I happened to be in Vermont last week on Town Meeting Day, that New England democratic tradition in which neighbours gather to decide public business.
I didn’t attend because Vermont is just a part-time residence for me; my home and my vote are in Florida. But I was pleased that my neighbours in the Town of Hartford voted to rebuild the Quechee covered bridge, just down the hill from my house, which was destroyed last fall by floodwaters from Tropical Storm Irene.
Quechee is just one of five villages in the town, and there has been some concern that more distant residents would turn their backs on the $1.1 million bond issue needed to pay for the rebuilding. But everyone understood the bridge’s importance to Quechee, a village which also happens to attract a lot of tourists to the area. They come to enjoy our scenic gorge on the Ottauquechee River, which is still easily accessible, and to admire Simon Pearce’s fine blown glass and dine at his excellent restaurant, which is alongside the ravaged bridge and now requires a lengthy detour.
People know their own neighborhoods, and they usually make good decisions when they get together to hash things out. We don’t have town meetings in Florida. We have homeowners associations and condo boards, and the better ones among them – the ones that invite everyone in the community to participate – work pretty much the same way.
So it was disheartening but not entirely surprising to learn that at last week’s meetings, at least 58 Vermont towns voted to endorse a constitutional amendment that would exchange our most precious democratic birthright, the protections afforded by the Bill of Rights and the rest of the U.S. Constitution, in return for a mess of pottage – the overturning of a much-criticised but fundamentally sound Supreme Court decision. In reality, the proposal would exchange valuable rights in return for nothing at all.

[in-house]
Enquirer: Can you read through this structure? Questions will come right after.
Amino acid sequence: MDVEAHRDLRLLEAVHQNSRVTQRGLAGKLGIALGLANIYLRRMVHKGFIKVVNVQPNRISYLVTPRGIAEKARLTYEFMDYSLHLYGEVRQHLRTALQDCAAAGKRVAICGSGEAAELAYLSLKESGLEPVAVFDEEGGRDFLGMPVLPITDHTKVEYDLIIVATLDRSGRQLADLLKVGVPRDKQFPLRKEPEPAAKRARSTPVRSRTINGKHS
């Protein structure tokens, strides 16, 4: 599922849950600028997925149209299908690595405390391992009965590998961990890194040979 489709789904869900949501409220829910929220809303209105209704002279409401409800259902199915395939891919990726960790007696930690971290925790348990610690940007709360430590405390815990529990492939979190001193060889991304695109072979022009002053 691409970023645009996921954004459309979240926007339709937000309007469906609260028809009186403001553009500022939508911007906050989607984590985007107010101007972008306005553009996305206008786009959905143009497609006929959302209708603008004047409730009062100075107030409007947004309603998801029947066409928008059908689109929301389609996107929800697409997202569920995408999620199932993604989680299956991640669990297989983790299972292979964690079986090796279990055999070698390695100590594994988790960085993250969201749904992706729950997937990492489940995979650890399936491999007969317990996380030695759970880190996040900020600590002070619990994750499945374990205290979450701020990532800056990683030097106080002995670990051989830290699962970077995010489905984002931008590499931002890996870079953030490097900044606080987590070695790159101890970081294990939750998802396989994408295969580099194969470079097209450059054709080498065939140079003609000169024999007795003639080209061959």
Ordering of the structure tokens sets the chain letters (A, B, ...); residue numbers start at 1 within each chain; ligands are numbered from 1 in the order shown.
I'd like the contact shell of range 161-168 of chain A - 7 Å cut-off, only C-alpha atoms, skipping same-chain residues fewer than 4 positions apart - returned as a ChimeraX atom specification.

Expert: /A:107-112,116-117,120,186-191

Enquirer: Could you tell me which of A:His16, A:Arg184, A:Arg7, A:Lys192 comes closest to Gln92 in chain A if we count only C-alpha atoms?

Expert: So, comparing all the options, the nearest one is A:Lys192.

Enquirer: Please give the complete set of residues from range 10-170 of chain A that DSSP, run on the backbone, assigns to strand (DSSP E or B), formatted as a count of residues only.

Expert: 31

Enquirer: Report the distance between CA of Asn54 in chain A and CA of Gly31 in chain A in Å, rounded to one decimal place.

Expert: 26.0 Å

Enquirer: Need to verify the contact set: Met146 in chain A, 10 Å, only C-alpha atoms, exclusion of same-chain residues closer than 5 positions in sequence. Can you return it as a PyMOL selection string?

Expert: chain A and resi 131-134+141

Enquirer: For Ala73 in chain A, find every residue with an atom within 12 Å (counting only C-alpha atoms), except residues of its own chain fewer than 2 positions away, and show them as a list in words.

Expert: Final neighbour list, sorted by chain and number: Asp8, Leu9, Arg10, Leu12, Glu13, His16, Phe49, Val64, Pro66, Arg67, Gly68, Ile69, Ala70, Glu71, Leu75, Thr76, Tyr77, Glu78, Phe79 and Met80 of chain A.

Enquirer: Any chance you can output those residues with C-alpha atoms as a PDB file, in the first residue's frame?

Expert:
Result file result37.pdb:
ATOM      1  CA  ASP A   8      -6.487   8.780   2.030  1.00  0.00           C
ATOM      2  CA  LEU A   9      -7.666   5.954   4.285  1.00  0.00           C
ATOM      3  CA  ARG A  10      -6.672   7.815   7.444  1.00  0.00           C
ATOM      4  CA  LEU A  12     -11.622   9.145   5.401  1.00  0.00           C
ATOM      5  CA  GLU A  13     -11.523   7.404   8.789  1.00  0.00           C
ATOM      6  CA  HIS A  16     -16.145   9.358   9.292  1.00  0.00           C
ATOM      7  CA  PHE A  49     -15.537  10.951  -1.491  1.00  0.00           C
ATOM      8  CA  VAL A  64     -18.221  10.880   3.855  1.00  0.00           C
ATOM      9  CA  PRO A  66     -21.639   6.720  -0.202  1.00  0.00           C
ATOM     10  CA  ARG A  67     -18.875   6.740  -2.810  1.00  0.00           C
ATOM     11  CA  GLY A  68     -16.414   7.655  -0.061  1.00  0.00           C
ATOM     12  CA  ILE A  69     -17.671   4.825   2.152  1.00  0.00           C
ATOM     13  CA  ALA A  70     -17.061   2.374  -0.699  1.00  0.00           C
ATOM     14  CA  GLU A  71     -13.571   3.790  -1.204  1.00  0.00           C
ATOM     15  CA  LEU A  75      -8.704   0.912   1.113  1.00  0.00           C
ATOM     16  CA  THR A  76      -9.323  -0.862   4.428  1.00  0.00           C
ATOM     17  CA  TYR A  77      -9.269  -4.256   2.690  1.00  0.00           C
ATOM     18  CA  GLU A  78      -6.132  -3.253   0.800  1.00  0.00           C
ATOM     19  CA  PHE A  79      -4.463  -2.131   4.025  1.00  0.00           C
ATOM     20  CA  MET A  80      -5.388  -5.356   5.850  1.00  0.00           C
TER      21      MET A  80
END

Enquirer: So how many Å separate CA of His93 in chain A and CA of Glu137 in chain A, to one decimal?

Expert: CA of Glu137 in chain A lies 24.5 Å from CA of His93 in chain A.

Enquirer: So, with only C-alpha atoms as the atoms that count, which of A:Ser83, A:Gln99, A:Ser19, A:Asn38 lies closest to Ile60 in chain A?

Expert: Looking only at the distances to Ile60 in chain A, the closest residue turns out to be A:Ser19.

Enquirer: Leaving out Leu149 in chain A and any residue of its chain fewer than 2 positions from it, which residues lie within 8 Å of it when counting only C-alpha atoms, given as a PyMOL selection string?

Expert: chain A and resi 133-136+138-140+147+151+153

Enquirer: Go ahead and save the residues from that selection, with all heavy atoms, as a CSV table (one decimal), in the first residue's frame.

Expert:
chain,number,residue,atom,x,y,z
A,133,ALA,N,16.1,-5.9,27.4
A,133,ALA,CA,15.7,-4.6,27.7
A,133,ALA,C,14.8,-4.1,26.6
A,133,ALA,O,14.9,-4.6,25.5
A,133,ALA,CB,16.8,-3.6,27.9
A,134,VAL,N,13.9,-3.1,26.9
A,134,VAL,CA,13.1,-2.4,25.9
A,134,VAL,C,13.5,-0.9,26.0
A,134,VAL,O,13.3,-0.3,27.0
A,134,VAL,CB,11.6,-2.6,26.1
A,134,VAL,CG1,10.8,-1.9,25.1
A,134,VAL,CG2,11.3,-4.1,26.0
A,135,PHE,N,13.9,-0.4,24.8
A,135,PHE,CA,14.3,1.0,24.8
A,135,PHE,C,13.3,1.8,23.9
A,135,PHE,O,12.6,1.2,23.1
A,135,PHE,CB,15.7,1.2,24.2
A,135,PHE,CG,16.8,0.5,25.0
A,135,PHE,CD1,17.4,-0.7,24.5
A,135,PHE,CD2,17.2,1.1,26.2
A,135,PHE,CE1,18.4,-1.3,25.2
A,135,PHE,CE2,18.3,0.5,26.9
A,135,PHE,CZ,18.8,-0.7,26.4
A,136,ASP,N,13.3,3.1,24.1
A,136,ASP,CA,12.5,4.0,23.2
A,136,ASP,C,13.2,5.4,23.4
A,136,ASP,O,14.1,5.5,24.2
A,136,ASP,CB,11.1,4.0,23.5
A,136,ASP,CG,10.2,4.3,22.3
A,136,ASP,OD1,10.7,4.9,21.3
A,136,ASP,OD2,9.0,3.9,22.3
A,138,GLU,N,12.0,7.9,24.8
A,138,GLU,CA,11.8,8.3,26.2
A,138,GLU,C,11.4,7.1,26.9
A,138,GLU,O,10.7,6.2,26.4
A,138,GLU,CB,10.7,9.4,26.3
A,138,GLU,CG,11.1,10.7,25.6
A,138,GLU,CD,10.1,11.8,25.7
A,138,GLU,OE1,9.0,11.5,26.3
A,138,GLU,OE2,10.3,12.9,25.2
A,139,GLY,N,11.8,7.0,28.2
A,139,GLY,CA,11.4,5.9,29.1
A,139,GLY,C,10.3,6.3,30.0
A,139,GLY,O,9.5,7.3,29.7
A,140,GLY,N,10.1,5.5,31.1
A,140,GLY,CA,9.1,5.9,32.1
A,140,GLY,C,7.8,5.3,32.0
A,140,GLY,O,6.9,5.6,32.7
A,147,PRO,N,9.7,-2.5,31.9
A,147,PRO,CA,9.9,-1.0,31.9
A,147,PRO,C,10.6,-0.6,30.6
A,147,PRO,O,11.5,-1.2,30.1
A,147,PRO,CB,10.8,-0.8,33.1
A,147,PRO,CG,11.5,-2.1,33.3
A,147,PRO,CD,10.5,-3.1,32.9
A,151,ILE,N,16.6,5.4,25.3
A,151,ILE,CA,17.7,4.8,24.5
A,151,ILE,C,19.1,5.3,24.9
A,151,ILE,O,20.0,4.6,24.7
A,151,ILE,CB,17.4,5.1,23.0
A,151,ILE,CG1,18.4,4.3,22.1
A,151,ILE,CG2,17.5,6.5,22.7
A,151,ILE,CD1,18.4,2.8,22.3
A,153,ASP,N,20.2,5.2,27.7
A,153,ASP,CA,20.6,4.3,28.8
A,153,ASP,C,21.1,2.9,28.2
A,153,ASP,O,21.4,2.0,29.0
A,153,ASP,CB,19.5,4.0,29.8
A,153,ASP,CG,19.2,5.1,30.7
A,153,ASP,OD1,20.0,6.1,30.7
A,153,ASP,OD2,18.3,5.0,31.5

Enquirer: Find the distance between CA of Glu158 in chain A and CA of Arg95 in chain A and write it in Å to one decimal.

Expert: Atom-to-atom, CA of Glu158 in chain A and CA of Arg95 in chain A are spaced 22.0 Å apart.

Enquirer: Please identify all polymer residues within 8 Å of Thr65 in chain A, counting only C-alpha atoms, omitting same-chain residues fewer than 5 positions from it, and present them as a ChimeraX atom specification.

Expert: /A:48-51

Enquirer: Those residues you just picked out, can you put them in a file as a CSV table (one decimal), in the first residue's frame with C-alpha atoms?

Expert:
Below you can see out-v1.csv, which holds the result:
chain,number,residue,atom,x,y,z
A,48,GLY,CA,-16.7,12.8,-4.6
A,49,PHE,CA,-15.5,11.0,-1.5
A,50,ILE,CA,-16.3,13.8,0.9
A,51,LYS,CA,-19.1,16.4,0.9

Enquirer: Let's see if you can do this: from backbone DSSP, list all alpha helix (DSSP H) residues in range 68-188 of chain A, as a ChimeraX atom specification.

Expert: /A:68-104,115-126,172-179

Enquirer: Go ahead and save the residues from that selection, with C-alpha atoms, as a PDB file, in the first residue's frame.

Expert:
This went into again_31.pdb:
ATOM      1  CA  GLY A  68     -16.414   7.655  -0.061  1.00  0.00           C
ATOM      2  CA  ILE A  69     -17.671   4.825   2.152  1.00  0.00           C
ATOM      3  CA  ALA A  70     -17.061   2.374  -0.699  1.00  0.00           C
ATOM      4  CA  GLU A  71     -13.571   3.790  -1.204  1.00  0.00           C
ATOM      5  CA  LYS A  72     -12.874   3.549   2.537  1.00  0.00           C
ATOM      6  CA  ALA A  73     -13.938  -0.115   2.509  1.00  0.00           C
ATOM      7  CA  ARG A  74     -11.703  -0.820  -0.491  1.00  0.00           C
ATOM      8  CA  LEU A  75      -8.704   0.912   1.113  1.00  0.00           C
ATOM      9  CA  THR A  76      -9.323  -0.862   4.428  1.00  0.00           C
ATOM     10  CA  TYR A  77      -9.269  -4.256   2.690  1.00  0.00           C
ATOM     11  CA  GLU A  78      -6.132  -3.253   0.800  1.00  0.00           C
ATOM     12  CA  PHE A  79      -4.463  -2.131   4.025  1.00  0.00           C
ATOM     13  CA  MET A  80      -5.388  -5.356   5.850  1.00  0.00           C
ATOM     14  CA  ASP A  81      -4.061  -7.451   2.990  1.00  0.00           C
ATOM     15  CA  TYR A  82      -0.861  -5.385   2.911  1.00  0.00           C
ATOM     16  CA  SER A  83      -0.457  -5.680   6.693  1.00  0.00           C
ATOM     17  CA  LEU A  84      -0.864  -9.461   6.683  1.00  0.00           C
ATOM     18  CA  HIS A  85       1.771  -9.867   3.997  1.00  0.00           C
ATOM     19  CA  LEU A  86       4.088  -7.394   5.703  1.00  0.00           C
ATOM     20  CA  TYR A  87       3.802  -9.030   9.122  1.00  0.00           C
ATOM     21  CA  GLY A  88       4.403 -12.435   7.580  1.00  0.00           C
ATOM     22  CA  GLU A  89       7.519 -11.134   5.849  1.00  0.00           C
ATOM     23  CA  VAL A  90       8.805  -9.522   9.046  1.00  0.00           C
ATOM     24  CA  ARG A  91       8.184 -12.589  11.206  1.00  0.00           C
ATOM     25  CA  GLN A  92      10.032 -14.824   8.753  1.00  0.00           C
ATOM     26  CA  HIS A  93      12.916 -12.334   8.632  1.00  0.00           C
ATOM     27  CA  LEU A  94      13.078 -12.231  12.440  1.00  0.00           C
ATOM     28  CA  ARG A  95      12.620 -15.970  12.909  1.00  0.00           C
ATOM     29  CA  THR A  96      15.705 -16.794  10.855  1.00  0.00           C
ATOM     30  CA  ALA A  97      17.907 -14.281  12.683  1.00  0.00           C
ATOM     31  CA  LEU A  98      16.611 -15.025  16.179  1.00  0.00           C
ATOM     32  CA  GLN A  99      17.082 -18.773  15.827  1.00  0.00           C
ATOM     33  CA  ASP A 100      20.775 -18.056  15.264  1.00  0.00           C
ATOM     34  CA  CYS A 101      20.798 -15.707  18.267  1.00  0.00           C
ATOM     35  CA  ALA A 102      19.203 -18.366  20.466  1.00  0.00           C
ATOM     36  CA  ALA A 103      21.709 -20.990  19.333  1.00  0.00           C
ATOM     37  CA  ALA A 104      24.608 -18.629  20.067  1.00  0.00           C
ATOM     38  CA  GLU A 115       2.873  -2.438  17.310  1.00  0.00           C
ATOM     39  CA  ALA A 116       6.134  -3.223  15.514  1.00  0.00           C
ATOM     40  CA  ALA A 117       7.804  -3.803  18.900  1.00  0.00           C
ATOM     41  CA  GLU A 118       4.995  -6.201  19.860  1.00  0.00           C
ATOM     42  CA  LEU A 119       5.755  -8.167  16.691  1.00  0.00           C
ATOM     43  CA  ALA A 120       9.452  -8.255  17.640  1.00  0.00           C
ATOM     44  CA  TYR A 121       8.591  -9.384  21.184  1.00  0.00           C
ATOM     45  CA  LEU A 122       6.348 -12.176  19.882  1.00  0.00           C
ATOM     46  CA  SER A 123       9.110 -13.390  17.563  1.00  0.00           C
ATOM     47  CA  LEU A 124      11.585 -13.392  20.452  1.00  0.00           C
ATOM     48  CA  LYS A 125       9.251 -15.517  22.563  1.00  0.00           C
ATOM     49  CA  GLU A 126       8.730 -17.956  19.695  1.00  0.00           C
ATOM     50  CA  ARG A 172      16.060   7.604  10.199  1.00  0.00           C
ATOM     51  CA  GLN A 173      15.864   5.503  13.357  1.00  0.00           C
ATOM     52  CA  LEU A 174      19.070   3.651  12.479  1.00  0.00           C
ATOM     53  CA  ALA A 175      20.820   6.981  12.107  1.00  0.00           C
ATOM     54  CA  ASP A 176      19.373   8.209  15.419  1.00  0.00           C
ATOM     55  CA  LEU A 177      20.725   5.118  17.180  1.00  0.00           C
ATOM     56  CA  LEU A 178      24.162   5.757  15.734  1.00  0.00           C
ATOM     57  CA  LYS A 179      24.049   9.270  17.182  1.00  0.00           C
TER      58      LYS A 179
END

The chief backer of the amendment is Sen. Bernard Sanders, an independent (he calls himself a socialist) from Vermont and self-appointed scourge of the rich and powerful, a persona that appeals to modern Vermonters. His professed goal is to reverse the Supreme Court’s decision in Citizens United v. Federal Elections Commission, which is a misguided objective in itself. However, the language of Sanders’ proposal would go vastly further – much further, I’m sure, than his fellow Vermont citizens took the time to explore before they gave Sanders their thumbs-up.
I’m not the least bit worried that Sanders’ effort might pass. It has no chance whatsoever of attracting the two-thirds vote in the House and Senate it would need to go before the states, let alone of winning ratification from three-quarters of the states in order to take effect. What disturbs me is how cavalierly Vermonters (who are not as different from the rest of us as they sometimes seem to think) were willing to treat our Constitution’s guarantees of freedom of speech and of association.
Sanders’ proposed amendment would declare that the Constitution’s rights “are the rights of natural persons and do not extend to for-profit corporations, limited liability companies, or other private entities established for business purposes or to promote business interests.” It goes on to say that such entities are “subject to regulation by the people through the legislative process” as long as such regulations “do not limit the freedom of the press.” Apparently this means that corporations may exercise press freedoms as long as they own a press, though I’m not sure what that entails in the Internet age. In any case, it seems to mean that Rupert Murdoch’s News Corp. or the Sulzbergers’ family-dominated New York Times Co. would possess privileges that outfits like Facebook (maybe) or Exxon Mobil (probably) do not.